We’re sluggish as we march to the lift, but halfway to the peak, we’re rejuvenated. We’ve decided on Geronimo, a run we’ve come to love: It’s steep and long, and the newly groomed snow is immaculate. The warm, gentle breeze reminds me of the eternal allure of Southern California. Fresh powder might be rare here, but considering that we’d spent the previous Saturday surfing at the Santa Monica Pier, who’s complaining?
Smith Variant Helmet
Don’t be a fashion victim; wear this slick helmet, which has a lock to keep your customizable Oakley A frame goggles secure.
Burton Wheelie Cargo
You don’t want to be all matchy-matchy, but this deceptively modest suitcase expands to fit the bulkiest sweater. And its five loud patterns make it easy to spot on the airport baggage conveyor.
Pelican Micro Case
If you land on Pelican’s classic hardback case from a few metres in the air, it will still protect your iPod. If you’re up to your chest in a tree well and soaking wet, it will keep your BlackBerry dry. Hard-core boarders already have one, and everyone else should too.
Penguin Caffeinated Cinnamon Mints
These tasty mints aren’t a significant source of fat, cholesterol, dietary fibre, sugars or other nutritional elements, but three of them have the caffeine equivalent of a can of cola.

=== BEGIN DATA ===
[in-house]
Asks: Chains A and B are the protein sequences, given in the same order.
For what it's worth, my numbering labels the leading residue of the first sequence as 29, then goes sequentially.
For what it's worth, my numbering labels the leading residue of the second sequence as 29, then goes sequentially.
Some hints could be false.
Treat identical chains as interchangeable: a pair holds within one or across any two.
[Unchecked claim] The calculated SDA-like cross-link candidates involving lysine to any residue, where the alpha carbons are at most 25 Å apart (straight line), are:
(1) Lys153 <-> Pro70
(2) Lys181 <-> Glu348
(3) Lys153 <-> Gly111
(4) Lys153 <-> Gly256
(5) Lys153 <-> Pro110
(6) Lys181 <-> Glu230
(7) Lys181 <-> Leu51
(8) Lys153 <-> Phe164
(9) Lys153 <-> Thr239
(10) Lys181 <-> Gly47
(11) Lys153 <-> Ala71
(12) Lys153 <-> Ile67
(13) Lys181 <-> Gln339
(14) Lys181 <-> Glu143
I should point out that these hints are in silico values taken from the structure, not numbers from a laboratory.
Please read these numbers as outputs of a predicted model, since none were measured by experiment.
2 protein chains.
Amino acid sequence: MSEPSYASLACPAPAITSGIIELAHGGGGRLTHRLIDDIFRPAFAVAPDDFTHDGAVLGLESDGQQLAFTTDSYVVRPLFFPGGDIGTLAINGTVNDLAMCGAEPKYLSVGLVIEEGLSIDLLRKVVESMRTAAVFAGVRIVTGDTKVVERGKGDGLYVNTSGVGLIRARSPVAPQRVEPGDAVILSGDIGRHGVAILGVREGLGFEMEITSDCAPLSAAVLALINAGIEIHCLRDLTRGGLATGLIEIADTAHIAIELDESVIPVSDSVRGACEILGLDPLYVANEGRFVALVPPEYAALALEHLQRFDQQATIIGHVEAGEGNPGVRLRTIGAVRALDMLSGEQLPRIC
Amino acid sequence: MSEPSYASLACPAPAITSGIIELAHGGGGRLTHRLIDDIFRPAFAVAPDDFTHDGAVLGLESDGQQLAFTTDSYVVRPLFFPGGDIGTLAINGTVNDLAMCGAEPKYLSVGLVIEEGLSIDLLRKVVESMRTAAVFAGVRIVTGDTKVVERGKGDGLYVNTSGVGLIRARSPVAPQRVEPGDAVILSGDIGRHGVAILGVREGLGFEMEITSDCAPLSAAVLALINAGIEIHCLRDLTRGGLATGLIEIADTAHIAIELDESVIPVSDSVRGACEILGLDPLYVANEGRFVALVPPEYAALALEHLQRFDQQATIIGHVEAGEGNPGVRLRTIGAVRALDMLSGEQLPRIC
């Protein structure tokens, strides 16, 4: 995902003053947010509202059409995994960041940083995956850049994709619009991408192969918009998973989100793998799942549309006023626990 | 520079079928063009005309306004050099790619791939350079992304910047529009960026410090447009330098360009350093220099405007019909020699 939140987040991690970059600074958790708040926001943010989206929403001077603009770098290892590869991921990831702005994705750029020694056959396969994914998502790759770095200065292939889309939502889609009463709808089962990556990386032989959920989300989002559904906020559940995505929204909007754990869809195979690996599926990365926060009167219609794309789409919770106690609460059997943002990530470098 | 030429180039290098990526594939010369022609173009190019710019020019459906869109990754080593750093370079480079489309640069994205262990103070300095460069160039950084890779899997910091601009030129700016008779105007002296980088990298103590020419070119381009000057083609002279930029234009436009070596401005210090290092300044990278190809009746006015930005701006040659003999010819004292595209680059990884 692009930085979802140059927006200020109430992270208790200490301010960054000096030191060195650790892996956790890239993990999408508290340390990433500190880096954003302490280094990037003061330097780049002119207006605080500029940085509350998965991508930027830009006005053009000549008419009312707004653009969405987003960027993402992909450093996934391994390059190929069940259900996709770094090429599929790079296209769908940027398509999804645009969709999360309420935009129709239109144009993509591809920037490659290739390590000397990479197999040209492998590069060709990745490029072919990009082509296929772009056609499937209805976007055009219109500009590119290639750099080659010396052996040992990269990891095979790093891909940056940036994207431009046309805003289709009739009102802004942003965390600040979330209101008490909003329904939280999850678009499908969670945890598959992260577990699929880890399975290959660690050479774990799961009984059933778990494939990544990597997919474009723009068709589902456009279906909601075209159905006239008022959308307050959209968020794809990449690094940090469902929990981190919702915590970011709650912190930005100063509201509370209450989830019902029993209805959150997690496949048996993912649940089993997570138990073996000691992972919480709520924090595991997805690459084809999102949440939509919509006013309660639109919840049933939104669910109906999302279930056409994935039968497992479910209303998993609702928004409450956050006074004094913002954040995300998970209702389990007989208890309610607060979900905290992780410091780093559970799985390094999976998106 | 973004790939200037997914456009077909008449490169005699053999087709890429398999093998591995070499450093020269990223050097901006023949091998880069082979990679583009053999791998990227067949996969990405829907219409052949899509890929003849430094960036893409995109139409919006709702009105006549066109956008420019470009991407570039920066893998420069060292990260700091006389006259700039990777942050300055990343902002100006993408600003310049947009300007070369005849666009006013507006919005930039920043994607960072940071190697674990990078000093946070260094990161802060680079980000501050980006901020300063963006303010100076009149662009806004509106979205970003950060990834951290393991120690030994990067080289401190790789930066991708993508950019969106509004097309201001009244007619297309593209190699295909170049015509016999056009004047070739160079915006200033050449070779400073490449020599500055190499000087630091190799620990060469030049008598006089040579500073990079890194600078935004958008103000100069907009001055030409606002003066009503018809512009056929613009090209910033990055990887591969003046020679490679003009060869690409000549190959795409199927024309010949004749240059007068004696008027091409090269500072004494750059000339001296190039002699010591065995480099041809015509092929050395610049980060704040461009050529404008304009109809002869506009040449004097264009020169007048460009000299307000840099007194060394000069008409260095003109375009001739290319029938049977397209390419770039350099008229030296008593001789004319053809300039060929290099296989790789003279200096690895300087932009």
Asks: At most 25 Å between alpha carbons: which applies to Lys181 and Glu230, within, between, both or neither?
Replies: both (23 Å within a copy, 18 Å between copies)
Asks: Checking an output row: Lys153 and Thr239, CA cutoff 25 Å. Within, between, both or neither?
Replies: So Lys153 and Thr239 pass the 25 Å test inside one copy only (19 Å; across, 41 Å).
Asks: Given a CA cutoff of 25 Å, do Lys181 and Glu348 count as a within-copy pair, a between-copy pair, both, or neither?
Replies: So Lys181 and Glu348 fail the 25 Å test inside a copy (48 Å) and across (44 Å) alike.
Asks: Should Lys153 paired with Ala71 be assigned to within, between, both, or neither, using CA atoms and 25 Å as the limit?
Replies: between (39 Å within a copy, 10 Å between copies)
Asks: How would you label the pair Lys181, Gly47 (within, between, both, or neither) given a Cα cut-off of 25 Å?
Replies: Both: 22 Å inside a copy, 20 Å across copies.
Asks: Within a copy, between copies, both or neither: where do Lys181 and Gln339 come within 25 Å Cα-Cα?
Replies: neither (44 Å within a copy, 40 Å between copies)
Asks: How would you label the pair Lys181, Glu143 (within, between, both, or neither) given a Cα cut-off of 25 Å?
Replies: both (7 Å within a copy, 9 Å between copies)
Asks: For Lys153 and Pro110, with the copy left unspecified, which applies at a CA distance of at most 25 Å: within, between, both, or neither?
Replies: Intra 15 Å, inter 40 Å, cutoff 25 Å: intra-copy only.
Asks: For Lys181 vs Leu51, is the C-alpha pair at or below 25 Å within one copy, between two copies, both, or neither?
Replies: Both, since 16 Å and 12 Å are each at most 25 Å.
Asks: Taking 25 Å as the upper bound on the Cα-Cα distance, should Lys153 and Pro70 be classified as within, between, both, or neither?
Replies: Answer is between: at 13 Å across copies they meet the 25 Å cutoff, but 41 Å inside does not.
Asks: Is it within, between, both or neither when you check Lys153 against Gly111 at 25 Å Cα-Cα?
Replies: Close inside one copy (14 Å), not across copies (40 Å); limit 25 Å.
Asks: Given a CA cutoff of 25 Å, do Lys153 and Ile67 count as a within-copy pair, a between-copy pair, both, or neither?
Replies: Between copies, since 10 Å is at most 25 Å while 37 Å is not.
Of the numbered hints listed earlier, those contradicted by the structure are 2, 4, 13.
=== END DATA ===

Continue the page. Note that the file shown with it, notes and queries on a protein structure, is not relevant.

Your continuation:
Burton Custom X Snowboard
With stainless-steel edges and the strongest, lightest wood core of any Burton, this versatile all-mountain board goes from freeriding to jibbing.
Sure, there’s horseback riding and snowshoeing in Litchfield Hills – but with a cabin like this, why bother going outside?
By Ilana Weitzman
Don’t expect much to happen in this story. My idea of a perfect weekend at the cabin includes short stretches of activity – snowshoeing, walks in the woods, maybe some skating – to justify long periods of drinking, eating and staring at the great outdoors through thermal-glazed windows. This, it turns out, matches up with the vision of one of the founding partners of Merrill Lynch – only add to that a fully stocked bar, a chef trained by Alain Ducasse and a national park for a backyard. Once the preserve of the ultrarich Smith family, the Connecticut retreat known as Winvian is an investment banker’s version of roughing it.